By Deb Sharratt,
This week I start back to work properly in 2019, but taking the time during the first few days of the year, to look back at 2018 last week has really shown me how much commitment and effort I’ve put into developing myself both professionally and personally.
In addition to my day job as both a PR practitioner & lecturer, and a lifestyle blogger, in 2018 I’ve attended industry events and conferences, hosted a webinar for Vuelio, spoken at the Mojo Nation conference, written for the CIPR Influence online blog, organised the #CIPRNorthernConf, held the elected positions of Vice Chair and Social Media Manager for CIPR North East and organised the #PRideNE awards where I also won an award as Outstanding PR Practitioner in the North East.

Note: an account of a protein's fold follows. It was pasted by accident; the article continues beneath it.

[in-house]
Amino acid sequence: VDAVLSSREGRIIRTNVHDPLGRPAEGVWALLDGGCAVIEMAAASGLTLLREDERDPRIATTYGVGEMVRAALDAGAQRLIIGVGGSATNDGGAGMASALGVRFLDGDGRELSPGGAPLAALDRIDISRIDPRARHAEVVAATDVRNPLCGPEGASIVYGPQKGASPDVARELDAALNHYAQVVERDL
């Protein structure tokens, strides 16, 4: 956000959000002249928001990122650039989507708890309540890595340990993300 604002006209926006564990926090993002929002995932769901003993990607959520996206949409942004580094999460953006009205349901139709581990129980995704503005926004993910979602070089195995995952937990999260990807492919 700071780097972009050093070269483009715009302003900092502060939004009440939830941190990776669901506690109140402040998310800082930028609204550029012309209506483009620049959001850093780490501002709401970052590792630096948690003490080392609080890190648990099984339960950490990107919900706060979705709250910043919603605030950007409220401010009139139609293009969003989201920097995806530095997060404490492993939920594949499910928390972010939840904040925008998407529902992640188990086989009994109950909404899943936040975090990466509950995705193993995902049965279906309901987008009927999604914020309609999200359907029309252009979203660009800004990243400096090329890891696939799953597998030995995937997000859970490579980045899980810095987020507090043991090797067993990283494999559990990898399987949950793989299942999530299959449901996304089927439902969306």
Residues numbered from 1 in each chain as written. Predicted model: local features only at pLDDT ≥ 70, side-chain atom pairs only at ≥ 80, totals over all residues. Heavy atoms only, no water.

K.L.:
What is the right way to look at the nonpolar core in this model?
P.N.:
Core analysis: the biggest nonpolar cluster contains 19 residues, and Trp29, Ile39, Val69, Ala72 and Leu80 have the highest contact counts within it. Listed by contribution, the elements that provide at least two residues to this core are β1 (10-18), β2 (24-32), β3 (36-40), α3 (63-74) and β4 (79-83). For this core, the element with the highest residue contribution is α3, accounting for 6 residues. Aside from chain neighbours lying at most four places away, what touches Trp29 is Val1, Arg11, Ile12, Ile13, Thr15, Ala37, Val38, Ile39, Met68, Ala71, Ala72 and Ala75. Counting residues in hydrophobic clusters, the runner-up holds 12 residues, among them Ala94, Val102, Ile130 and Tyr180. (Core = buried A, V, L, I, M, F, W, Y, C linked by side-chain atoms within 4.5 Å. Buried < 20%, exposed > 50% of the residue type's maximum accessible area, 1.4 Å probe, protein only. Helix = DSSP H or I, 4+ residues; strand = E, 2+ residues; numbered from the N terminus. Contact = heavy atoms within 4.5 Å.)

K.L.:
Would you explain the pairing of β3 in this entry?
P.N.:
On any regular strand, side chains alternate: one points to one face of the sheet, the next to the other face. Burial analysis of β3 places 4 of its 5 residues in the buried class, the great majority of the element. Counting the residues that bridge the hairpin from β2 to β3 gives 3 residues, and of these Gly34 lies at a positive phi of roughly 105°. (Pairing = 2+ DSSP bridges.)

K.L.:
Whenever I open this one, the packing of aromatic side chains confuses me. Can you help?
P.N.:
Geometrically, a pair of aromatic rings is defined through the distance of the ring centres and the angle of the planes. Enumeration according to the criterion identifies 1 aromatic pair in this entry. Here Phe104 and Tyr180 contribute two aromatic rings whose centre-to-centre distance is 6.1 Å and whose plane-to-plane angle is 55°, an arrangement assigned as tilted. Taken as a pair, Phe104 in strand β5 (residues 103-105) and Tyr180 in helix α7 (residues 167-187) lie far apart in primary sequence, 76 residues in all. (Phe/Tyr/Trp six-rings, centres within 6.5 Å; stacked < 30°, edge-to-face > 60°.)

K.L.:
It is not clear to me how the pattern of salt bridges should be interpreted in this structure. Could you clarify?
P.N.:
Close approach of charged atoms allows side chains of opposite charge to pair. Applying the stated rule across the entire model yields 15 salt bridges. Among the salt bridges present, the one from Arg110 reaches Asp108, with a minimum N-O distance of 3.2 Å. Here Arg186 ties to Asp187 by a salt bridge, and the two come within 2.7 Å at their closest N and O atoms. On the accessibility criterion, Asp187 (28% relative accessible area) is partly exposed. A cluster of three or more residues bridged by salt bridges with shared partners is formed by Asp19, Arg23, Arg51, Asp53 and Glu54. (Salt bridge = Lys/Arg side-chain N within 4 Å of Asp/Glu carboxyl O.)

CPD takes time and effort but is worth it. I started my Chartered Institute of Public Relations (CIPR) CPD after returning to work after maternity leave (at the time being on maternity leave didn’t exempt you from having to accrue CPD points – thankfully that has now changed and you can read the CIPR Maternity Leave Package here).
More Than A Label
After two years continuous CPD all CIPR members can attain Accredited Practitioner status. This is a status I’ve now retained for 5 years. But it’s much more than just a label and here is why.
1: Step Out of Your Comfort Zone
It’s all too easy just to keep on doing the same thing all the time. No matter how successful you are at it. However to grow as a person and as a professional then you need to challenge yourself. In 2018 I spoke at a national conference for the very first time with a colleague. Yes it was nerve-wracking, yes it was quite scary. I was named and promoted as a speaker; and that felt really strange but also rewarding; however once I stepped onto the stage the nerves went.